I like to sometimes read dystopian novels, even though it is disturbing how close to the truth they become, but that makes them relevant and thought-provoking.
Matt talked about being fascinated in exploring the extremes he does of a zero tolerance of crime society. He moved away from world building in some ways and writes more about the characters and how they relate to the deterrent, so the world is essentially built through the characters he creates and is kept as close to the present as possible. The fact his book seemed so close to now made me think of the tv series Years and Years and I should think that in Matt’s books there will be much for the population to ponder and also see where things may be heading if something doesn’t change soon. I find people who can write like that can be quite brilliant in getting certain important messages across and they certainly made people pay attention.
Ceri is different in the fact she loves world building and then culls back on the self-indulgent parts. She reckons she could create a whole family tree as well as a companion book to show all the different relationships etc of her many characters. When she started writing, climate change was there, but there wasn’t the news coverage there is now, when her first book was published. The timing of her books now however, make them more relevant than ever, although, even the first book, in my opinion, would still have been important at that time. When she spoke of how she would like to have a family tree type of companion book of character family trees, well, family trees are always intriguing and help link up people or in this case characters and can add some understanding when there are lots of characters.
The Fascination of Dystopia
Lesley, interestingly works in the voluntary sector and plans for lots of things like the flu and talked about Spanish Flu too and what a pandemic that was, with it killing the least expected of the population. It was thought-provoking when she talked about for her books, she considered, from this being an inspirational starting point, how parents and criminals would react and how “cures would be sold”, as well as the government giving “pointless” health-checks. So, her world is more a controlled world that she has created within her books. It again seems so close to now. Awhile back I had the privilege of reviewing this book and it is very good and has some humour in it too, which works really well within her dystopian world.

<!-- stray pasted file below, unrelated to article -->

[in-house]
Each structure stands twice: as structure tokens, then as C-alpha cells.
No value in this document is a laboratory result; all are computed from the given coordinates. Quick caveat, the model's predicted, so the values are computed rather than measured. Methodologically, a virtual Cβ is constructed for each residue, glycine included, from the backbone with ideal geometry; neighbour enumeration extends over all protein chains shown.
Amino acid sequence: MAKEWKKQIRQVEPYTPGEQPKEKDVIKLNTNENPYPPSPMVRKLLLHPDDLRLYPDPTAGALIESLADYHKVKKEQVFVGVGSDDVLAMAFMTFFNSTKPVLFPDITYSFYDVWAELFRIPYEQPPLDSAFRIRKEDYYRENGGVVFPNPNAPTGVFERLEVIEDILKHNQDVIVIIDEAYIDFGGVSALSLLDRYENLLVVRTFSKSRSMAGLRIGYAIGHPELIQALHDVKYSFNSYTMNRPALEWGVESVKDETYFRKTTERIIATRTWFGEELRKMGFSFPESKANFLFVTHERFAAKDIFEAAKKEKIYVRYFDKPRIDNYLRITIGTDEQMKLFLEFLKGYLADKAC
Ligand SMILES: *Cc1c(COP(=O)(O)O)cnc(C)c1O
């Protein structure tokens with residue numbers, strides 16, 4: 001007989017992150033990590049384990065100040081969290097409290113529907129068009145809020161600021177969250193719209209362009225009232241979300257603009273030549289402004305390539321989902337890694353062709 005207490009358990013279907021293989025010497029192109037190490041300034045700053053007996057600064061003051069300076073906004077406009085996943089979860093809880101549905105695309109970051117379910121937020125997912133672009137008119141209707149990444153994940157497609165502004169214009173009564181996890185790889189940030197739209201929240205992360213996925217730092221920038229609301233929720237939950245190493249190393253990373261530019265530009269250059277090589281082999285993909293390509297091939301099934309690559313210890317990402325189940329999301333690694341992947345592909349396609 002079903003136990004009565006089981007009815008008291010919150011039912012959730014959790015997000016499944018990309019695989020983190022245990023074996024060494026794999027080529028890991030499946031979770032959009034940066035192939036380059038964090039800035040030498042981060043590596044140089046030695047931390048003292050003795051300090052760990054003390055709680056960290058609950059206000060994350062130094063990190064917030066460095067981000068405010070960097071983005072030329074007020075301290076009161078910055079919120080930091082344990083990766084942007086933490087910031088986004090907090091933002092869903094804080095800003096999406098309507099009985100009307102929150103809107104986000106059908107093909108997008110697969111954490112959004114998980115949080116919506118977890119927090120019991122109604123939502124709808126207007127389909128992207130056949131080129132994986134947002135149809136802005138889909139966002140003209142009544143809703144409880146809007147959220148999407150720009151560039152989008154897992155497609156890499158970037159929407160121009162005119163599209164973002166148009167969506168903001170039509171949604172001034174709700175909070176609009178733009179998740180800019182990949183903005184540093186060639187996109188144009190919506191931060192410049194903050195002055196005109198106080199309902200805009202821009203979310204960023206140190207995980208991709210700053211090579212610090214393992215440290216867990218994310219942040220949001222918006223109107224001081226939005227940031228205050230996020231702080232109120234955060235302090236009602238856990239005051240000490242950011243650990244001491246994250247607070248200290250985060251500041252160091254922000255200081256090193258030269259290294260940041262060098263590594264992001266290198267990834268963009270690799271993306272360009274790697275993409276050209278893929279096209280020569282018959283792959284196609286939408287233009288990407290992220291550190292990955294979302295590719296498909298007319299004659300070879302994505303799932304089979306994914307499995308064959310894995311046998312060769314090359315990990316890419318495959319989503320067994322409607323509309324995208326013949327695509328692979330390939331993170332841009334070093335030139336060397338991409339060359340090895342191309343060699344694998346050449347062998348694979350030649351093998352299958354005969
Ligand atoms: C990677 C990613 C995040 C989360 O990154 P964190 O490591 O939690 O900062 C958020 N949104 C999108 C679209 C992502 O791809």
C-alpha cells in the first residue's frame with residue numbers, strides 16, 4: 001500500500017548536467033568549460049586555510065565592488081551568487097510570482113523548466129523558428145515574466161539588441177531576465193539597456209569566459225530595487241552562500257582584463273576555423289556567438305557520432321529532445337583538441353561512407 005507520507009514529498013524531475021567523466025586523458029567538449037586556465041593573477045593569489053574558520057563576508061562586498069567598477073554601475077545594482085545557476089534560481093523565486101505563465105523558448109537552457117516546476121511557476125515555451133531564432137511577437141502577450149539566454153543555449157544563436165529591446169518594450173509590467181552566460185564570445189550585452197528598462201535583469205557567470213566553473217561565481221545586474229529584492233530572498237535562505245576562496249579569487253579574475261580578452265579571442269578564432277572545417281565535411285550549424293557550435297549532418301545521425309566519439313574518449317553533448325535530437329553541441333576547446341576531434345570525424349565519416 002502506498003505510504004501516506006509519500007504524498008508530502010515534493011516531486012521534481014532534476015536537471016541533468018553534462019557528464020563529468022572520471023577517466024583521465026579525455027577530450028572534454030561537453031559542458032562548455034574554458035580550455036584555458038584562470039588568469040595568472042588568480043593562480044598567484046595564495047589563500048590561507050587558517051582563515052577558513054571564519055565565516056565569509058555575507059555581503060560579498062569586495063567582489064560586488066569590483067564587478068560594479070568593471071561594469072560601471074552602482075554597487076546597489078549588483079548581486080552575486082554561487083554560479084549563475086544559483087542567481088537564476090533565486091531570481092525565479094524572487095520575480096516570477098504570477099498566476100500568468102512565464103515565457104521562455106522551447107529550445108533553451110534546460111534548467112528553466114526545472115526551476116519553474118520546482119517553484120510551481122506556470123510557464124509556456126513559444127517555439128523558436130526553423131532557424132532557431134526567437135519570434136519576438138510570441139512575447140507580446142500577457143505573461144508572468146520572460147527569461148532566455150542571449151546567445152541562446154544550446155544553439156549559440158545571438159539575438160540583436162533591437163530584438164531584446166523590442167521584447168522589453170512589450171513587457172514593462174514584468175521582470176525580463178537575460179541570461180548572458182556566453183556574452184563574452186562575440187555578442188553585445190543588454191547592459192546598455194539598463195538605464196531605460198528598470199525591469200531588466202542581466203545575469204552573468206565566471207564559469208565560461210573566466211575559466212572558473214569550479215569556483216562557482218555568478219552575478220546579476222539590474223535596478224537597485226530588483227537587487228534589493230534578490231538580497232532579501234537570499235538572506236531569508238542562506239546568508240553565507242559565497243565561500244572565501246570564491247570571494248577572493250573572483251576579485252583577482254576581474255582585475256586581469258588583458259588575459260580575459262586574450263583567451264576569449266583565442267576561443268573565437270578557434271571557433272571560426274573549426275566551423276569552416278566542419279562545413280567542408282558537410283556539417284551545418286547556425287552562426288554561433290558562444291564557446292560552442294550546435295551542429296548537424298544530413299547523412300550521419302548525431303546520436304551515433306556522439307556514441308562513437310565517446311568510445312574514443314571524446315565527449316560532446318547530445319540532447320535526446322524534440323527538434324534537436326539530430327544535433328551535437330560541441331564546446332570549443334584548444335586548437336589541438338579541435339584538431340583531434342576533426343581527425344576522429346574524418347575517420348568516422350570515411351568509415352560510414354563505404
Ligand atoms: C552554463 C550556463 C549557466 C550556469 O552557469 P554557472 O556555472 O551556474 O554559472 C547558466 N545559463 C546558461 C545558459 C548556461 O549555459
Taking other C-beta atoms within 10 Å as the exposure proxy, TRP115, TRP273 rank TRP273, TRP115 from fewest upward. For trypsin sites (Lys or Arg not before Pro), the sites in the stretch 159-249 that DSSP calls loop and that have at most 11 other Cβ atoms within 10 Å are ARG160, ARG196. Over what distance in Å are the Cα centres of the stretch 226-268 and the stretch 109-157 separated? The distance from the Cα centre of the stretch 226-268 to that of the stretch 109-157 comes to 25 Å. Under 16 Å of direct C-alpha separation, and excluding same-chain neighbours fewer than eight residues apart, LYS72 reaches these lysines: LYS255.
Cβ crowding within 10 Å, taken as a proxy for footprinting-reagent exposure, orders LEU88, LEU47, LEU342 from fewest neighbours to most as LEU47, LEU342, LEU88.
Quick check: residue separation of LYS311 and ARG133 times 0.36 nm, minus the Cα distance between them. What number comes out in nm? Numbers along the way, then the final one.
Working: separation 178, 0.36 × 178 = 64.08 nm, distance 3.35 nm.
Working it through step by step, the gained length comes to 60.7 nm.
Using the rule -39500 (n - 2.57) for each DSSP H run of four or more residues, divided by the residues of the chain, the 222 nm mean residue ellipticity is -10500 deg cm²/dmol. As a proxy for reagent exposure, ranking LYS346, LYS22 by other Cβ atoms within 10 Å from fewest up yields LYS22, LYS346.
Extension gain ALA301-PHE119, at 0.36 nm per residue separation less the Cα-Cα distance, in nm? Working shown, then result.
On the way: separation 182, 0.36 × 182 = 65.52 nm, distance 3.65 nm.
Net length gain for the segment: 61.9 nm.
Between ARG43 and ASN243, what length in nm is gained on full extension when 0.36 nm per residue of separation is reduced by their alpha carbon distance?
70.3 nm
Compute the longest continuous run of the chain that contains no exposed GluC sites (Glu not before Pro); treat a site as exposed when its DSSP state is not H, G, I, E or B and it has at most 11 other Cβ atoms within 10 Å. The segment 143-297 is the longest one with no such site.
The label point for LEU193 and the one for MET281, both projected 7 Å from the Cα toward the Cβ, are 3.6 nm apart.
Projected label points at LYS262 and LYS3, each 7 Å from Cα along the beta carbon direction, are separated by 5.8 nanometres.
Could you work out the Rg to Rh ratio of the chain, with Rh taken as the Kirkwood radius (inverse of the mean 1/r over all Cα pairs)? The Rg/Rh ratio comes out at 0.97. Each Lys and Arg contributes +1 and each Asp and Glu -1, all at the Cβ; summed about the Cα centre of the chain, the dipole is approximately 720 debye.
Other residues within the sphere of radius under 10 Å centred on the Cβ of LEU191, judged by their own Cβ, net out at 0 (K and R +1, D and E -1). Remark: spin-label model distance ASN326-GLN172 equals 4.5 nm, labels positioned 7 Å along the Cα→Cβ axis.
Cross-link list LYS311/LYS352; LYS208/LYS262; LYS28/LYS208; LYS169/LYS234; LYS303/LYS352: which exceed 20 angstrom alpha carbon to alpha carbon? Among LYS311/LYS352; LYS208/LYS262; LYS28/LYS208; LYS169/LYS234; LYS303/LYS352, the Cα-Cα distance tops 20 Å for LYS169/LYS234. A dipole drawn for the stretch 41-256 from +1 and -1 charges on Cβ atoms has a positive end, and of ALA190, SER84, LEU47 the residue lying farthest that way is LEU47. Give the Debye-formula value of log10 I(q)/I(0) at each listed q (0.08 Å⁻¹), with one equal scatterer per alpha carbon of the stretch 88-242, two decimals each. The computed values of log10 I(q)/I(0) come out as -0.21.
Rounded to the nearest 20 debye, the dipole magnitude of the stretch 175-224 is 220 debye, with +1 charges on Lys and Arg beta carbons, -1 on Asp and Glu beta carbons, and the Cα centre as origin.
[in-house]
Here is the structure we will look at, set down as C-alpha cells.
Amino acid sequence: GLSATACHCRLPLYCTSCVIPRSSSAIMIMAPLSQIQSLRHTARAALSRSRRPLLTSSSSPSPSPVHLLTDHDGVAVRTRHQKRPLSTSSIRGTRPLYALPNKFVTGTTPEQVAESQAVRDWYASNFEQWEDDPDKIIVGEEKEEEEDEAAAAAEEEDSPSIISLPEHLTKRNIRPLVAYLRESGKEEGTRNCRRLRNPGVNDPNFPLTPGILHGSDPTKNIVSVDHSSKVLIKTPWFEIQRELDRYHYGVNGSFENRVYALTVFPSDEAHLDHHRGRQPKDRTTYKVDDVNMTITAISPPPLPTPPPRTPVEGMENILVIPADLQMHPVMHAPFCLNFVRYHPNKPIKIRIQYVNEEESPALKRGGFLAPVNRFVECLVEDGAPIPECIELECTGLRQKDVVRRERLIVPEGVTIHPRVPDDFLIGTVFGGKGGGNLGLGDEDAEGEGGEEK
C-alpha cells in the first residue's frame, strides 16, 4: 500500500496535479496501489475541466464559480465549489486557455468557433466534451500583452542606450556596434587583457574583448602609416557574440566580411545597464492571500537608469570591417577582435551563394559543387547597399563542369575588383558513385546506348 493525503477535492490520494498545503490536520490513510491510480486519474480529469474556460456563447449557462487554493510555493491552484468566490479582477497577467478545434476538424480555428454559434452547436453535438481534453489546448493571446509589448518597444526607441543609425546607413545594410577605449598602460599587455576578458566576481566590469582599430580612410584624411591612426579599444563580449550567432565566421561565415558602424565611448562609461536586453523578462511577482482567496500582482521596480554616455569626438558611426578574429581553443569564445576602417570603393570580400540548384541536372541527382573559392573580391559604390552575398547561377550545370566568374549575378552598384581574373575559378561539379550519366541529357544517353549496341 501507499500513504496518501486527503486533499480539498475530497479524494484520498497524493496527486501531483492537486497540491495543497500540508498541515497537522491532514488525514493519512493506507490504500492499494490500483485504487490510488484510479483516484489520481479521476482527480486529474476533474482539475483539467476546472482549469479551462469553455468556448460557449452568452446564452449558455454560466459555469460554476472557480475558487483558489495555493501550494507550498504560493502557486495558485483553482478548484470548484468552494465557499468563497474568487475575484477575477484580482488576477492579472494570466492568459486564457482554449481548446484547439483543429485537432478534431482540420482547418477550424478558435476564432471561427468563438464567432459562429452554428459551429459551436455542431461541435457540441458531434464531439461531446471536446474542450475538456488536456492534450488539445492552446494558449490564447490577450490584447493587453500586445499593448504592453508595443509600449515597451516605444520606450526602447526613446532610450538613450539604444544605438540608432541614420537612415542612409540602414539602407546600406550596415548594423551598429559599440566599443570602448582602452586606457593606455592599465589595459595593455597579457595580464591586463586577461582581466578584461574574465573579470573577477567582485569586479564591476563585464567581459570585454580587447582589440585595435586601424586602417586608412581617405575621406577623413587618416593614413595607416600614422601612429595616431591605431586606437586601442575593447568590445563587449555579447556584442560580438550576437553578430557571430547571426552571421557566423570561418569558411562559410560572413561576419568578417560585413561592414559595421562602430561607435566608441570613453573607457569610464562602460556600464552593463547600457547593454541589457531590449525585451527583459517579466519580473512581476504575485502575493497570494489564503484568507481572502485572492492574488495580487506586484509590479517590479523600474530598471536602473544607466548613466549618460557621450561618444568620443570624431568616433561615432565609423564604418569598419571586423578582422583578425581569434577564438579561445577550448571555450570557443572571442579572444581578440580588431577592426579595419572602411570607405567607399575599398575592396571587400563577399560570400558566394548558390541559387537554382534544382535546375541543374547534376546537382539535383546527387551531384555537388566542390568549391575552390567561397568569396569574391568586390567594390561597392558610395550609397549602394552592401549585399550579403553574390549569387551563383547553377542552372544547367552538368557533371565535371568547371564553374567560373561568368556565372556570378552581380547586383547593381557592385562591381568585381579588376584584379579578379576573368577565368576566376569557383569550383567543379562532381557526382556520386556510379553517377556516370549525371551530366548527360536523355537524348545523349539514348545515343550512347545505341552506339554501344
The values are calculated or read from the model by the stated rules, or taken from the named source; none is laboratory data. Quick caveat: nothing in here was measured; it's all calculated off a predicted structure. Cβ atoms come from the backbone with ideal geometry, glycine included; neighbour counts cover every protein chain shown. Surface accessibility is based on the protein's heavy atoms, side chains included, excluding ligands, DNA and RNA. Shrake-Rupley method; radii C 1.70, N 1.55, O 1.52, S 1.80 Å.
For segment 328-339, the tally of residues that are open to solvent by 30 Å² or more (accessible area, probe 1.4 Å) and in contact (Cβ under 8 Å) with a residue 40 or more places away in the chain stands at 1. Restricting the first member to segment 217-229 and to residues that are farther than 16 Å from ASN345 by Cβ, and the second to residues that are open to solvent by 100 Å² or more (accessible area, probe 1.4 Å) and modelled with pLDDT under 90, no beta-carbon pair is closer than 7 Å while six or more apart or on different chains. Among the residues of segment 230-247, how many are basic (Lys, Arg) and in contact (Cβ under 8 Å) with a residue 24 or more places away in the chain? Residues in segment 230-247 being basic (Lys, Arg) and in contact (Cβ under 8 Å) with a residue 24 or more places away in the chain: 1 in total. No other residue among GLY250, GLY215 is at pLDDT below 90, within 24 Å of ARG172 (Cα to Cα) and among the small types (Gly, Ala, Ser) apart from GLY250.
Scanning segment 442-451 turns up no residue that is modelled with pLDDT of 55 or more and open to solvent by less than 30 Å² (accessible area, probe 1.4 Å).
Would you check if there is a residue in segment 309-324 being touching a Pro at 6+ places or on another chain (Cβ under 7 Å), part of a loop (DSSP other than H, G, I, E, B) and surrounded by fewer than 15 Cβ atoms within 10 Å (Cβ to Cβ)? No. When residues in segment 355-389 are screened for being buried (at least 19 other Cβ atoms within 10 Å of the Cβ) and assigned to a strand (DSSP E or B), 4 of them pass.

Matt thinks there’s something fascinating about the fall of routine, confronting fears and starting again.
The authors had great tips and words of encouragement for other writers and those interested in the process. I always find it fascinating to hear how different authors began writing and what their routines are because each is different.
Matt Brolly basically just never gave in. He was agented after 3 years, but it was 20 years until his first book was published. He says to keep writing and submitting. He was also candid in his answer about getting rejections and initially thought it was all to do with his writing. He said it isn’t you personally, but just may not be their choice of book at a particular time. He also gave advice not to wait for 1 person to get back to you and to instead query as many people as possible.
Ceri wrote some short stories for some competitions and won some. She got an idea for a novel.
Lesley said she wanted to be a stand-up comedian but had children and the hours weren’t conducive for her family life. She highly recommends a professional editor. She got longlisted and got feedback and got published by Sandstone.
Sage advice came from both Lesley and Matt about not comparing yourself to others at it is unhelpful. This I was thinking is something that can be applied to everyone’s lives, whether they are an author or not.
Lesley’s next book is Murder at the Music Factory
Matt Brolly’s next book is The Crossing
Ceri Lowe also has another book coming soon too.
It was interesting to hear what books the authors read too.
Lesley likes Stephen King. Matt Brolly also likes The Stand by Stephen King and The Road by Cormac McCarthy. Ceri likes Margaret Atwood
If you ever get the opportunity to see Lesley Kelly, Matt Brolly or Ceri Lowe, I highly recommend that you do. Thanks to them also for interesting and warm chat after their event.
Below are images of their latest books.
It is with great pleasure that I present to you my review of Toletis by Rafa Ruiz. The book for people ages 7 to 107 because it has important themes of friendship, the environment and there’s plenty of adventure and some humour, complete with illustrations. This is a book that adults and children can read alone or enjoy together and gain something from it. It is a book to inspire everyone at every milestone in their lives.
Today is happily my turn on the Random Things Blog Tour I was invited on.
Rafa Ruiz is a journalist and author who has a staunch commitment to culture, art and the environment. He spent 25 years at Spanish newspaper El País and is a partner-founder of the Press Association for Environmental Information (APIA). He has written numerous children’s books, and he codirects the Mad is Mad art gallery in Madrid which gives space to up-and-coming artists. He is one of the partner-founders of the Press Association for Environmental Information (APIA).